Bonnie Burns, our Training and Policy Specialist, submitted the following letter in support of Senator Richard Roth’s bill SB 1342. This bill would require a new minimum amount of inflation protection for long-term care insurance policies under the California Partnership for Long Term Care. See the bill text for full details, and see Burns’ letter below.
March 27, 2020
Senator Richard D. Roth
State Capitol, Room 2080
Sacramento, CA 95814
Support: SB 1342
Dear Senator Roth:
California Health Advocates (CHA) strongly supports your bill, SB 1342.
CHA is a not-for-profit organization dedicated to providing quality Medicare, Medicare Supplement, long-term care insurance information, and supports the work of local Health Insurance Counseling & Advocacy Programs (HICAP) providing benefits counseling and community education on Medicare and long-term care with training, education, technical assistance. CHA has supported quality standards and consumer protections in long-term care insurance products for decades, and promotes high regulatory standards for long-term care insurance in the state legislature and at the National Association of Insurance Commissioners (NAIC).
CHA has been actively involved in the California Partnership for Long-term care since the creation of the program, and more recently as a participant in the short lived task force that created new minimum product standards for Partnership long-term care policies.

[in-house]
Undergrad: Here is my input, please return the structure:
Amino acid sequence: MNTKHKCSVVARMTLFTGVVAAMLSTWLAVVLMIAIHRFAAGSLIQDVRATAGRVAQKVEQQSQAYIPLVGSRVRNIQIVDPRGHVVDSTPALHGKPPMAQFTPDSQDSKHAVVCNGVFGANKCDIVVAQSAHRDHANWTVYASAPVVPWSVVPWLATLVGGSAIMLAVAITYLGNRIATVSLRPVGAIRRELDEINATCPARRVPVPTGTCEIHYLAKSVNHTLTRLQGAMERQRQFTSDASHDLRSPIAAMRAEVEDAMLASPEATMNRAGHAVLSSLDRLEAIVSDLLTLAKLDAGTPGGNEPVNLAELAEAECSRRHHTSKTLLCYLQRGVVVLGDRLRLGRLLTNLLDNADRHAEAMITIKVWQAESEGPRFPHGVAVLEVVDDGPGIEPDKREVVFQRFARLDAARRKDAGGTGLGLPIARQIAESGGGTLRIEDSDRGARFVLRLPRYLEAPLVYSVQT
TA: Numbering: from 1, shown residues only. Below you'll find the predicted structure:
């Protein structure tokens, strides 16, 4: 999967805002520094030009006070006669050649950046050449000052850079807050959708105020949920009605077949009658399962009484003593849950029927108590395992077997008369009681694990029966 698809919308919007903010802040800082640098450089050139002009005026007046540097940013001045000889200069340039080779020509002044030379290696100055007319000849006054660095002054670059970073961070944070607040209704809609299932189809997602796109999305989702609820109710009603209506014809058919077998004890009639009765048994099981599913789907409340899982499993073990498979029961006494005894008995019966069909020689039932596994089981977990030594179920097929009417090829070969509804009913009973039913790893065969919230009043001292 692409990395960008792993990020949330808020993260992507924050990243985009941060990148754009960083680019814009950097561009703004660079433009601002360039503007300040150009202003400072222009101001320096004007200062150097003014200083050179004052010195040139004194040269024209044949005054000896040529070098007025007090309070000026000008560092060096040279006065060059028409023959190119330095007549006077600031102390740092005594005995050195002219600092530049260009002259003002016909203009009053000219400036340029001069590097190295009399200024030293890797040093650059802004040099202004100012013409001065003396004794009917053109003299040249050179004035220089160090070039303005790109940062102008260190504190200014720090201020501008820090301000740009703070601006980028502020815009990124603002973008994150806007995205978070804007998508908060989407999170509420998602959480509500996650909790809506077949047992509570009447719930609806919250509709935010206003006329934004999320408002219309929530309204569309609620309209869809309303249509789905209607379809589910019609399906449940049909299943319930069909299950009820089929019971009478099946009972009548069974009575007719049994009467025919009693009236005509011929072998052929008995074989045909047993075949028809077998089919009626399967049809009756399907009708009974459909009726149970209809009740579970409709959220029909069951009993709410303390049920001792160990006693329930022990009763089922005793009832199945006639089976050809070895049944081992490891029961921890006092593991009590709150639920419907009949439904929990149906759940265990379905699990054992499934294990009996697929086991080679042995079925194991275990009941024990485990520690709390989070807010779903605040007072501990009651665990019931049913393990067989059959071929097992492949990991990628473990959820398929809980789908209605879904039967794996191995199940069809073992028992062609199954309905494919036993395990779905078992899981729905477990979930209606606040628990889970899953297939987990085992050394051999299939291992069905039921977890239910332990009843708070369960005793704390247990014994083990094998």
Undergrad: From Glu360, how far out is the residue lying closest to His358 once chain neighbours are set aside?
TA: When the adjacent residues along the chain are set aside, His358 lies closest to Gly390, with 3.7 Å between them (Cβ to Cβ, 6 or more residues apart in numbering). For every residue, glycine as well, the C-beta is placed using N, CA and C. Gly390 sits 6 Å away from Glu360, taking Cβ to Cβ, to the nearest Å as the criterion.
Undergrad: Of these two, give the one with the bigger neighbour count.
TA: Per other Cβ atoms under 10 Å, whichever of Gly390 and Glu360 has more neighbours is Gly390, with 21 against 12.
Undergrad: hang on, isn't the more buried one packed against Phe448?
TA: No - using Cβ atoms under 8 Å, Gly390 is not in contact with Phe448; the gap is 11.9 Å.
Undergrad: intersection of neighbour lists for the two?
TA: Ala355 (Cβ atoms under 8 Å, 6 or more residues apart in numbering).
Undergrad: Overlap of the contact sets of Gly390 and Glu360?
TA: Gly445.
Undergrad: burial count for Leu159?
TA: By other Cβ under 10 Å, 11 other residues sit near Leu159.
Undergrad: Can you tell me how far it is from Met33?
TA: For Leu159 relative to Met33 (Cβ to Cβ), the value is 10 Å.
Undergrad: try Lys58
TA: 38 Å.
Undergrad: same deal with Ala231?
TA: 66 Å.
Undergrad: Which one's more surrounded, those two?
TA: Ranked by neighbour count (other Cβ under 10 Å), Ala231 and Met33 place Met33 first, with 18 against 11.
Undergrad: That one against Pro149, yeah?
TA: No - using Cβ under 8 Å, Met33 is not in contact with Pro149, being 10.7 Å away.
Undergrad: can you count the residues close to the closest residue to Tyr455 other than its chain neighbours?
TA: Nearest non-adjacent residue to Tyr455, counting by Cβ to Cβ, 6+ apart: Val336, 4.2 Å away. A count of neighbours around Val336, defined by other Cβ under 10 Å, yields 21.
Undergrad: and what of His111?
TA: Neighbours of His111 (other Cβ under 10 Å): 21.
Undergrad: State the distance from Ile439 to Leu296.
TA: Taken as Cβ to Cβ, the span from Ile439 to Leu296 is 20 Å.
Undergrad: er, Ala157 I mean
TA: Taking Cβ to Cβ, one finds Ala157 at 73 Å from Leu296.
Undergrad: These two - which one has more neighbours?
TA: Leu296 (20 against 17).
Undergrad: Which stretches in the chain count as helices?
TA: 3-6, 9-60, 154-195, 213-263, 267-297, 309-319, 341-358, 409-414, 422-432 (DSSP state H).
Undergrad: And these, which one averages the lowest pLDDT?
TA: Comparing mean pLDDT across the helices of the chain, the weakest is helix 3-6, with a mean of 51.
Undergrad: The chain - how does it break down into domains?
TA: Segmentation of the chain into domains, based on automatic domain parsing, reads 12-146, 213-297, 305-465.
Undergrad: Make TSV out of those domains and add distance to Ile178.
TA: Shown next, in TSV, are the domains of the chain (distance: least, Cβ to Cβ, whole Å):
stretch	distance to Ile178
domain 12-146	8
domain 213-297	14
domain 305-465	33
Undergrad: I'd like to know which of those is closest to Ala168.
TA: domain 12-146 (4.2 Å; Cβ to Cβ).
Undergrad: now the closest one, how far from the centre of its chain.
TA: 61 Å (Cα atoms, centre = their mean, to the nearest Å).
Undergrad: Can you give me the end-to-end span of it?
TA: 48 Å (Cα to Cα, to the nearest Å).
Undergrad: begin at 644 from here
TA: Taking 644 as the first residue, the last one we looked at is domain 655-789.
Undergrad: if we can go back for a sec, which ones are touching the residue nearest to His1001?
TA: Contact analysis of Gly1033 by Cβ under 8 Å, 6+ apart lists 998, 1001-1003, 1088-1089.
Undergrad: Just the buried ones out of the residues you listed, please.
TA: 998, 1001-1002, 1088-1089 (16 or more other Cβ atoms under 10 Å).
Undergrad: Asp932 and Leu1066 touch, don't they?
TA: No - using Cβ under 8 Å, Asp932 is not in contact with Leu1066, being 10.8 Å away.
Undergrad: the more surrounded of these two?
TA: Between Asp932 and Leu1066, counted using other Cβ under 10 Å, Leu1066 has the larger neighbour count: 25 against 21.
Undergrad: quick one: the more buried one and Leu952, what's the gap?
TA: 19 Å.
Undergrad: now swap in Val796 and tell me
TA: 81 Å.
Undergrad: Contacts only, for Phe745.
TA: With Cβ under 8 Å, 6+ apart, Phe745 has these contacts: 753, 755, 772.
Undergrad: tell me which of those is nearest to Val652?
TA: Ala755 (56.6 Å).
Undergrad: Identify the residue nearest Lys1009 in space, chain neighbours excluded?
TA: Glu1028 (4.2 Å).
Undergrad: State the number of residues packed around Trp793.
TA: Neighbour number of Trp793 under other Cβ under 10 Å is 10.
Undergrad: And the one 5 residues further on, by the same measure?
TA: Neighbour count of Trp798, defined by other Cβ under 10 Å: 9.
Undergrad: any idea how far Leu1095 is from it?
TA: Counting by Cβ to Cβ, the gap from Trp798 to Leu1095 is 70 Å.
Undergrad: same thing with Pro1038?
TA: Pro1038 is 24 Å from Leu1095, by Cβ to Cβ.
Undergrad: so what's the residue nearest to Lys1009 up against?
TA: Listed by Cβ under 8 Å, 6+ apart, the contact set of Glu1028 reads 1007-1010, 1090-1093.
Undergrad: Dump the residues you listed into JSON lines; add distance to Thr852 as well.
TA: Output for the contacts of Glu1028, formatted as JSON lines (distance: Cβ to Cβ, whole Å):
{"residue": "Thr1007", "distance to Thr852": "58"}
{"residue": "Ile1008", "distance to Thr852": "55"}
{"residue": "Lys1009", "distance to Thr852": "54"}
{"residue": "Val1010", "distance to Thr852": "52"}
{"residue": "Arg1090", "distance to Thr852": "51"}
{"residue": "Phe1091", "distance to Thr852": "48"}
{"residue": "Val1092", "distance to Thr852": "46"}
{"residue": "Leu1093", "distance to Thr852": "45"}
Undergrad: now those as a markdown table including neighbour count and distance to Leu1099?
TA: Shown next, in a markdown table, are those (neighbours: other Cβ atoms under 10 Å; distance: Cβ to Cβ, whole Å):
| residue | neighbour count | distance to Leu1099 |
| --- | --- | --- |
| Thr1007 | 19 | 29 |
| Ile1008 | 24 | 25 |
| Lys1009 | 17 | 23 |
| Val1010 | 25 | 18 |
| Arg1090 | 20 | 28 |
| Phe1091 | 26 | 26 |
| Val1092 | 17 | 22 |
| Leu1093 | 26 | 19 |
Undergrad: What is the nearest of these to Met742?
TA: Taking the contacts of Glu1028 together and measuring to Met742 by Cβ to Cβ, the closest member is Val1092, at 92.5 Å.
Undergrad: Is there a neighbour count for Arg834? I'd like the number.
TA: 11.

We have been dismayed at the lack of insurer participation since those minimum benefits were adopted by the task force. Your bill establishes those minimum benefits in state law so insurers can submit products for approval by the Partnership. These minimum benefits will result in lower premium costs and greater affordability for those in the target market of the Partnership while still maintaining strong standards and consumer protections.
We have been alarmed at the lack of training courses approved by the Partnership since the development of those minimum benefits standards. Many people who previously bought a Partnership product need help with deciphering options they’ve been offered to lower the cost of a premium increase without losing their Partnership status. At least some of those policyholders could benefit from a lower minimum daily benefit amount and a reduced amount of inflation protection that will allow them to retain Partnership protections.
However, since there are no new education courses approved or offered to agents by the Partnership agents cannot satisfy the Partnership requirement for training that would allow them to counsel policyholders on those more affordable options. That leaves agents who have a fiduciary responsibility to their clients without the necessary training to satisfy that fiduciary responsibility, or to satisfy the Partnership requirement for current training sell lower cost products to their clients, or counsel clients whose premiums are increasing. Agents are currently in a catch 22.
With the urgency requirement in your bill the Partnership can, upon passage of your bill, approve courses that contain information about these new minimum benefits, and allow policyholders the option to reduce coverage without losing their Partnership protection.
We strongly support the important changes incorporated in you bill and thank you for introducing this important legislation.
Bonnie Burns, Policy Specialist
California Health Advocates